<p>Purr Data’s GUI is written entirely in JavaScript, which is a much more advanced programming language than Tcl with an abundance of libraries and support materials. This makes the further development of Purr Data’s graphical user interface a lot easier now that the initial GUI port is done. Patches are implemented as HTML5 SVG documents which offer better responsiveness and graphical capabilities than Tk windows. They can also be themed using CSS and zoomed like any browser window, improving usability. Purr Data also looks better and is easier on the eyes than Pd-l2ork, let alone vanilla Pd, especially on high-dpi displays (cf. fig. 1).</p>
<div class="figure">
<img src="purr-data.png" alt="Figure 1: Purr Data running on macOS." id="fig:fig1" style="width:100.0%" />
<p class="caption">Figure 1: Purr Data running on macOS.</p>
</div>
<figure>
<img src="purr-data.png" alt="Figure 1: Purr Data running on macOS." id="fig:fig1" style="width:100.0%" /><figcaption>Figure 1: Purr Data running on macOS.</figcaption>
</figure>
<p>Purr Data’s nw.js GUI also has some disadvantages. First, some of the included externals still rely on Tcl code, so their GUI features will not work in Purr Data until they get ported to the new GUI. Second, the size of the binary package is considerably larger than with Pd-l2ork or Pd-extended since it also includes the full nw.js binary distribution. (This is a valid concern with many of the so-called “portable desktop applications” being offered these days, but in the case of Purr Data it is mitigated by the fact that its Pd-l2ork base is not exactly a slim package either.) Third, the browser engine has a much higher memory footprint than Tcl/Tk which might be an issue on embedded platforms with <em>very</em> tight memory constraints. While none of these issues should normally be a real show-stopper on the supported platforms, it is worth keeping them in mind.</p>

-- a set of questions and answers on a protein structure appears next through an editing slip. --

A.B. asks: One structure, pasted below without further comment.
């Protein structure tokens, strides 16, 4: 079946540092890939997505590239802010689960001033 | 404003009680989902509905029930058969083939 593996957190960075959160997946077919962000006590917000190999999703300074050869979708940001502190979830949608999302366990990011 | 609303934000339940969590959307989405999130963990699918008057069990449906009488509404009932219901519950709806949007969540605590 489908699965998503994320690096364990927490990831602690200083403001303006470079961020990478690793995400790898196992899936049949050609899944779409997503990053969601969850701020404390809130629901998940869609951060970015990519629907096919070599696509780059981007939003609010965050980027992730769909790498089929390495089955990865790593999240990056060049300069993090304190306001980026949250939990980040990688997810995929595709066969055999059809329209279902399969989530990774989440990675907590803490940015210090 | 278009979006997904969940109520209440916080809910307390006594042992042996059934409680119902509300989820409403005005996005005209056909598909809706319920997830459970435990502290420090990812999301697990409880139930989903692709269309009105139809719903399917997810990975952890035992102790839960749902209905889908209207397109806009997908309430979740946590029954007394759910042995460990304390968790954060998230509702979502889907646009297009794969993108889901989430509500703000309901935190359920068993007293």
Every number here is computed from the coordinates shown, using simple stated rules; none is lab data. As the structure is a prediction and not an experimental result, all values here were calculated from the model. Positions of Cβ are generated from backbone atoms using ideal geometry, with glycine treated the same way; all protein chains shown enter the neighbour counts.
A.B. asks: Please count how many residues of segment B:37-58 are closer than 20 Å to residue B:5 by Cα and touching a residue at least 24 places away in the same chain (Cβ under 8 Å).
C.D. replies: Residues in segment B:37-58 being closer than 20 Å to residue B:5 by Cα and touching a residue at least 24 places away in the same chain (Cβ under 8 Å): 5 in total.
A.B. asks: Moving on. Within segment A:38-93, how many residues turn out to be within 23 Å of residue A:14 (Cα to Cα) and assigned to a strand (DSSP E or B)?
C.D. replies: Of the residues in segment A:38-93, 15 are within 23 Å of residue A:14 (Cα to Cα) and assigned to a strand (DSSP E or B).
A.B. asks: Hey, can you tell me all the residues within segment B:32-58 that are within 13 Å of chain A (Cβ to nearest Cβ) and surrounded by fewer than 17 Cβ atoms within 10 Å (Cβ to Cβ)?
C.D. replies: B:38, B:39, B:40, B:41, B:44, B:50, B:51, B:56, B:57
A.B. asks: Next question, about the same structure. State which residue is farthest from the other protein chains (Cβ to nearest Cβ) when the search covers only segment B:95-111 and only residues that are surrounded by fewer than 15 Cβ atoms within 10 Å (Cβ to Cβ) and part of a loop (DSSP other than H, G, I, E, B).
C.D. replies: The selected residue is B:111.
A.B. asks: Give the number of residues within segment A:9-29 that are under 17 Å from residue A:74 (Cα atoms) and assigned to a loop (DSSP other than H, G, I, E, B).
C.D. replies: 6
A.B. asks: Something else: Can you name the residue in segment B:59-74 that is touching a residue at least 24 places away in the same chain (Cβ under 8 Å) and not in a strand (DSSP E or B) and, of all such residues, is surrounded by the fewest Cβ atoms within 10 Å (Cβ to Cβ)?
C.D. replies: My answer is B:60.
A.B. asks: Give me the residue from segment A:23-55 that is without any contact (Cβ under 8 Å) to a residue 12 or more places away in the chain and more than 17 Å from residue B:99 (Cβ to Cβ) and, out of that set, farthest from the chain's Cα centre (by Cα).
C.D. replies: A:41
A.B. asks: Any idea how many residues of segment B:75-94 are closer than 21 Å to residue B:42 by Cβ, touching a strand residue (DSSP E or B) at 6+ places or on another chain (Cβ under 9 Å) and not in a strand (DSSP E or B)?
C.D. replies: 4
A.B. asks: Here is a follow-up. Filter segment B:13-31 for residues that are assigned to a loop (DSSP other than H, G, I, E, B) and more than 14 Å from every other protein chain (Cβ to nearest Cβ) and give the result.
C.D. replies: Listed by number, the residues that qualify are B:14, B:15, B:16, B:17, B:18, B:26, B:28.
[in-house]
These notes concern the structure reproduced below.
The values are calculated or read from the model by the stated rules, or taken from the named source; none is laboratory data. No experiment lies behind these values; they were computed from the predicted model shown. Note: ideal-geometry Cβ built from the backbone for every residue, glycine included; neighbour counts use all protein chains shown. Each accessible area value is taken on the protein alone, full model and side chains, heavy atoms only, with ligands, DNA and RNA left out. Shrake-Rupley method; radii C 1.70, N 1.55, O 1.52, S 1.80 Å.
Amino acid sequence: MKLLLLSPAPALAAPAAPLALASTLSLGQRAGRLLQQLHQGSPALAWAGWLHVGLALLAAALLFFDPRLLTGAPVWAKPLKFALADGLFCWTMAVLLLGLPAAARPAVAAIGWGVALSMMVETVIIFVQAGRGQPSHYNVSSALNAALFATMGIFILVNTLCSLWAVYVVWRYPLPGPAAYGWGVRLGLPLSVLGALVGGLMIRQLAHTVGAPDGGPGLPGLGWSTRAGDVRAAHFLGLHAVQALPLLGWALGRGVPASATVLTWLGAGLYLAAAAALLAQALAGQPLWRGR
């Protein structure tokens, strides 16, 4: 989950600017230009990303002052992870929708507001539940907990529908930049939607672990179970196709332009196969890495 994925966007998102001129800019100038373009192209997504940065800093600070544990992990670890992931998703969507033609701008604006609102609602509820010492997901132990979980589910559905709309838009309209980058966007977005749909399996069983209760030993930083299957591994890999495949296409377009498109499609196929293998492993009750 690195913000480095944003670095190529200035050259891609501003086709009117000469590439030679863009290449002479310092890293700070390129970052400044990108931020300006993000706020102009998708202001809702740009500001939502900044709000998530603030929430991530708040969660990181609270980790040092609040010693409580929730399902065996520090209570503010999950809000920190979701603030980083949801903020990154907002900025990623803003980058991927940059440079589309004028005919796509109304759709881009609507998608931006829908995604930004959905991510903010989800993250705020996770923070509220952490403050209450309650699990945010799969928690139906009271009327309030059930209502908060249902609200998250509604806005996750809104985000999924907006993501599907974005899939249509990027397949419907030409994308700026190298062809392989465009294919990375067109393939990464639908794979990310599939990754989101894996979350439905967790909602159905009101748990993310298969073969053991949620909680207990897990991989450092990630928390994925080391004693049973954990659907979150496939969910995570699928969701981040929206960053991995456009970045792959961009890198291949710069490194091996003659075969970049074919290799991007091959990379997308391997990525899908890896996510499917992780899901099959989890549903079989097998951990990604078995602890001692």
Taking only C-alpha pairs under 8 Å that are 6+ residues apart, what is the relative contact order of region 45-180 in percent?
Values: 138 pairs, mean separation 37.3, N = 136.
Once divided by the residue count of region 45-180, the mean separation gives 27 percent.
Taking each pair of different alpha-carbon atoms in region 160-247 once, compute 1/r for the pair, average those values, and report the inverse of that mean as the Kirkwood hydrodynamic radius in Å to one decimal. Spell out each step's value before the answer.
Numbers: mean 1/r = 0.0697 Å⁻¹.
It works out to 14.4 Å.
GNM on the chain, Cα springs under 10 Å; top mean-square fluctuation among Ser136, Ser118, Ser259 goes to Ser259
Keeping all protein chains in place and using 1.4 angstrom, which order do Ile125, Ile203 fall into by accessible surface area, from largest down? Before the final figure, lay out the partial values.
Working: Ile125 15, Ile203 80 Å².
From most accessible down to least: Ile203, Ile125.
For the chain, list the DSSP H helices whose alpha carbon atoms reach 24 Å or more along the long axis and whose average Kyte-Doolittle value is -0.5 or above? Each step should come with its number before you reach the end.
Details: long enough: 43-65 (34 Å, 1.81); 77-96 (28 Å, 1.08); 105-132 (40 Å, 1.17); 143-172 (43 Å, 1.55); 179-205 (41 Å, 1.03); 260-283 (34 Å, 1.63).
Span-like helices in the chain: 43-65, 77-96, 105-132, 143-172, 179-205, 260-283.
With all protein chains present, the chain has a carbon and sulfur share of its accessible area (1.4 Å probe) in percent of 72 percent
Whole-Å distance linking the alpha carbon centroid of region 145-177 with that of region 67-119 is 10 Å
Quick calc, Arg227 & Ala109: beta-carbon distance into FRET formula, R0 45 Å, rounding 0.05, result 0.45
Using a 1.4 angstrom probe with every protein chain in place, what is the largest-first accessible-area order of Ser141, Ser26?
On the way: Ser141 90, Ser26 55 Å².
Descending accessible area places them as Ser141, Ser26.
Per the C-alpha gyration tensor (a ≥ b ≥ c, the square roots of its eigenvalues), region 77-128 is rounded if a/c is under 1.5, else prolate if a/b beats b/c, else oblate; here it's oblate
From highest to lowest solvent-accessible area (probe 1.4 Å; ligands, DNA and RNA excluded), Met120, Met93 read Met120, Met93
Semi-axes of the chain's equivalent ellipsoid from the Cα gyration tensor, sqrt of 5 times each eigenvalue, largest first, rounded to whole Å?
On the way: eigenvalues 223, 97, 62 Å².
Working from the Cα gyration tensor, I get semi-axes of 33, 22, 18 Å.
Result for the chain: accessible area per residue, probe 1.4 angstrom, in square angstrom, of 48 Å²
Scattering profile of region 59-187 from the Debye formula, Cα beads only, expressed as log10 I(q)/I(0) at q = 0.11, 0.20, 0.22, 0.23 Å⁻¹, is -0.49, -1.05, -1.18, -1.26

<p>Finally, Purr Data is still comparatively young, but its basis is the tried and proven Pd-l2ork, the present release has been thoroughly tested and many bugs have been ironed out, so it is certainly ready for day-to-day use. It also offers some really compelling advancements over its predecessors. If you have been looking for a modern and actively-maintained successor of Pd-extended, this is it.</p>
<h2 id="the-name">The Name?</h2>
......@@ -53,25 +60,25 @@ Permanent link: <a href="https://agraef.github.io/purr-data-intro/" class="uri">
<p>In any case, Purr Data should then launch its main “console” window which logs all messages from the program. If you opened a patch file, it will be shown in a separate “canvas” window.</p>
<p>Purr Data understands basically the same set of command line options as vanilla Pd or Pd-l2ork. On Linux, you can find out about these by running <code>pd-l2ork -help</code> (<code>purr-data -help</code> when using the JGU packages) from the command line. (This isn’t easy to do on Mac and Windows, since the program executable is stowed away somewhere in the application folder.) Some common options which can be placed into the startup flags are <code>-path</code> and <code>-lib</code>, see section <a href="#gui-and-startup-options">GUI and Startup Options</a> below.</p>